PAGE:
Evennia for Diku Users

Evennia represents a learning curve for those who used to code on Diku type MUDs. While coding in Python is easy if you already know C, the main effort is to get rid of old C programming habits. Trying to code Python the way you code C will not only look ugly, it will lead to less optimal and harder to maintain code. Reading Evennia example code is a good way to get a feel for how different problems are approached in Python.

Overall, Python offers an extensive library of resources, safe memory management and excellent handling of errors. While Python code does not run as fast as raw C code does, the difference is not all that important for a text-based game. The main advantage of Python is an extremely fast development cycle with and easy ways to create game systems that would take many times more code and be much harder to make stable and maintainable in C.

Core Differences

  • As mentioned, the main difference between Evennia and a Diku-derived codebase is that Evennia is written purely in Python. Since Python is an interpreted language there is no compile stage. It is modified and extended by the server loading Python modules at run-time. It also runs on all computer platforms Python runs on (which is basically everywhere).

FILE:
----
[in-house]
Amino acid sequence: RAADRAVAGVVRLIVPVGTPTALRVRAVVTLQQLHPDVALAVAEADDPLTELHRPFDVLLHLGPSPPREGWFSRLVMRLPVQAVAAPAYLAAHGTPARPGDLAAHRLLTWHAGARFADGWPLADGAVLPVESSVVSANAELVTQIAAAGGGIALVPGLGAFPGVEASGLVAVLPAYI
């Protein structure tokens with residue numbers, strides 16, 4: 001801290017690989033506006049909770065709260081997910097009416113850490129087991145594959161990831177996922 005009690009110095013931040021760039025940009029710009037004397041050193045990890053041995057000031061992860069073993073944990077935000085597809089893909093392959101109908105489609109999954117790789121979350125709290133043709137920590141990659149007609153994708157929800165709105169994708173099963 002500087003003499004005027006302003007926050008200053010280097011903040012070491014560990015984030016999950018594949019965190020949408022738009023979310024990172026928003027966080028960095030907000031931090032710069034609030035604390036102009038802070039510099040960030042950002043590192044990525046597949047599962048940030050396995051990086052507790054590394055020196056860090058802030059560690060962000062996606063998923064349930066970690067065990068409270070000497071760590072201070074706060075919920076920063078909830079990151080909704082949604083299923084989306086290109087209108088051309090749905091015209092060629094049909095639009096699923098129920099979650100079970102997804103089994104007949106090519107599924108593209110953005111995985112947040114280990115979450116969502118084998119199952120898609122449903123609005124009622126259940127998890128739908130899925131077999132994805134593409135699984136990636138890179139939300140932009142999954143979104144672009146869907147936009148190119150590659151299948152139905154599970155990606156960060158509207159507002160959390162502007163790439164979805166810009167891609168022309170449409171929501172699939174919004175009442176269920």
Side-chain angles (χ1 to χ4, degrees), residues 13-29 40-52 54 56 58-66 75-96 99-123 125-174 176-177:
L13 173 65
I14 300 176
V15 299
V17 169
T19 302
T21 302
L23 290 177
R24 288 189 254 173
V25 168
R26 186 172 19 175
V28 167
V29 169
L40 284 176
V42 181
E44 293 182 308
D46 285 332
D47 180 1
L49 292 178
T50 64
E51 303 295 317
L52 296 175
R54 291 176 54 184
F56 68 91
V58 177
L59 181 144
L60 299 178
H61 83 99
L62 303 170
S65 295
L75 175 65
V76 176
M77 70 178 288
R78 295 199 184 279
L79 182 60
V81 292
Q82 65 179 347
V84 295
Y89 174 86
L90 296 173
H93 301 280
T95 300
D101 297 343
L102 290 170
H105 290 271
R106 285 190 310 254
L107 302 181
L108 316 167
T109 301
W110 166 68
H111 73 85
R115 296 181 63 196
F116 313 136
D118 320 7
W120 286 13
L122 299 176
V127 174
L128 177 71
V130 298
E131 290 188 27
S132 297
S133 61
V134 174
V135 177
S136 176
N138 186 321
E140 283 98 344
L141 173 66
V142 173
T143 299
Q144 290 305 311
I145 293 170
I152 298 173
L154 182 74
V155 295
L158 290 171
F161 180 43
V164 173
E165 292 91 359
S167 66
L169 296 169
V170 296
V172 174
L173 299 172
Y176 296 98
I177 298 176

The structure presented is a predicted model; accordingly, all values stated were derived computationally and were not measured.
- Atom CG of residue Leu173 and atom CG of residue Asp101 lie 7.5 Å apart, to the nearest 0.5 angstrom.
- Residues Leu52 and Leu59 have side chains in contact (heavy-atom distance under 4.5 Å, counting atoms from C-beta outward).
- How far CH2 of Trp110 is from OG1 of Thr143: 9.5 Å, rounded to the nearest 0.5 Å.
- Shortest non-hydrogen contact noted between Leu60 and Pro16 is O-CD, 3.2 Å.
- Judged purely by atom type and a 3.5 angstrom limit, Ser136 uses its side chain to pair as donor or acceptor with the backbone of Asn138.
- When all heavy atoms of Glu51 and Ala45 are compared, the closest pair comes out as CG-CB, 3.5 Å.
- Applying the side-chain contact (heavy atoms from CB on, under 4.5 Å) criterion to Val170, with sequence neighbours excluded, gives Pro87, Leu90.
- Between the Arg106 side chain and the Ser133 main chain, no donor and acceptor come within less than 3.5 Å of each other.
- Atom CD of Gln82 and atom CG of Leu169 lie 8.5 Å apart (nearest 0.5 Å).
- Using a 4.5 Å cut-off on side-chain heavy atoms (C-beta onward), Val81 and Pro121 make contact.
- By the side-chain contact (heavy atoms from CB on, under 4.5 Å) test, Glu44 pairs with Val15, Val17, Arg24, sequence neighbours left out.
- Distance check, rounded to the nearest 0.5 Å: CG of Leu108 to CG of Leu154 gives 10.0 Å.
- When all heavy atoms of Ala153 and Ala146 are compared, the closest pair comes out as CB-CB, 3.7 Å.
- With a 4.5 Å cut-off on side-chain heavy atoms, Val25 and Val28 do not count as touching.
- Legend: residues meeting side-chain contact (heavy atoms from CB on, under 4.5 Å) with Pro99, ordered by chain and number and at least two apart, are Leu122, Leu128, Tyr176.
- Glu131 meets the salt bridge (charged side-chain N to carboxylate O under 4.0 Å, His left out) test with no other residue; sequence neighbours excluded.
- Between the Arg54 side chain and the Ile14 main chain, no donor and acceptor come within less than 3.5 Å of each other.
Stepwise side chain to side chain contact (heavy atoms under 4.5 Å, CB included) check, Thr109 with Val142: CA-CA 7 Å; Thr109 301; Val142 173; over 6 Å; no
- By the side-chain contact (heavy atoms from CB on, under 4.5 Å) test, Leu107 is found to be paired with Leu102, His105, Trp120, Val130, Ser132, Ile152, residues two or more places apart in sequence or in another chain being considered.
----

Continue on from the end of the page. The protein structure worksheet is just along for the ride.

• Vanilla Diku type engines save their data in custom flat file type storage solutions. By contrast, Evennia stores all game data in one of several supported SQL databases. Whereas flat files have the advantage of being easier to implement, they (normally) lack many expected safety features and ways to effectively extract subsets of the stored data. For example, if the server loses power while writing to a flatfile it may become corrupt and the data lost. A proper database solution is not susceptible to this - at no point is the data in a state where it cannot be recovered. Databases are also highly optimized for querying large data sets efficiently.

Some Familiar Things

Diku expresses the character object referenced normally by:

struct char ch* then all character-related fields can be accessed by ch->. In Evennia, one must pay attention to what object you are using, and when you are accessing another through back-handling, that you are accessing the right object. In Diku C, accessing character object is normally done by:

/* creating pointer of both character and room struct */

void(struct char ch*, struct room room*){
    int dam;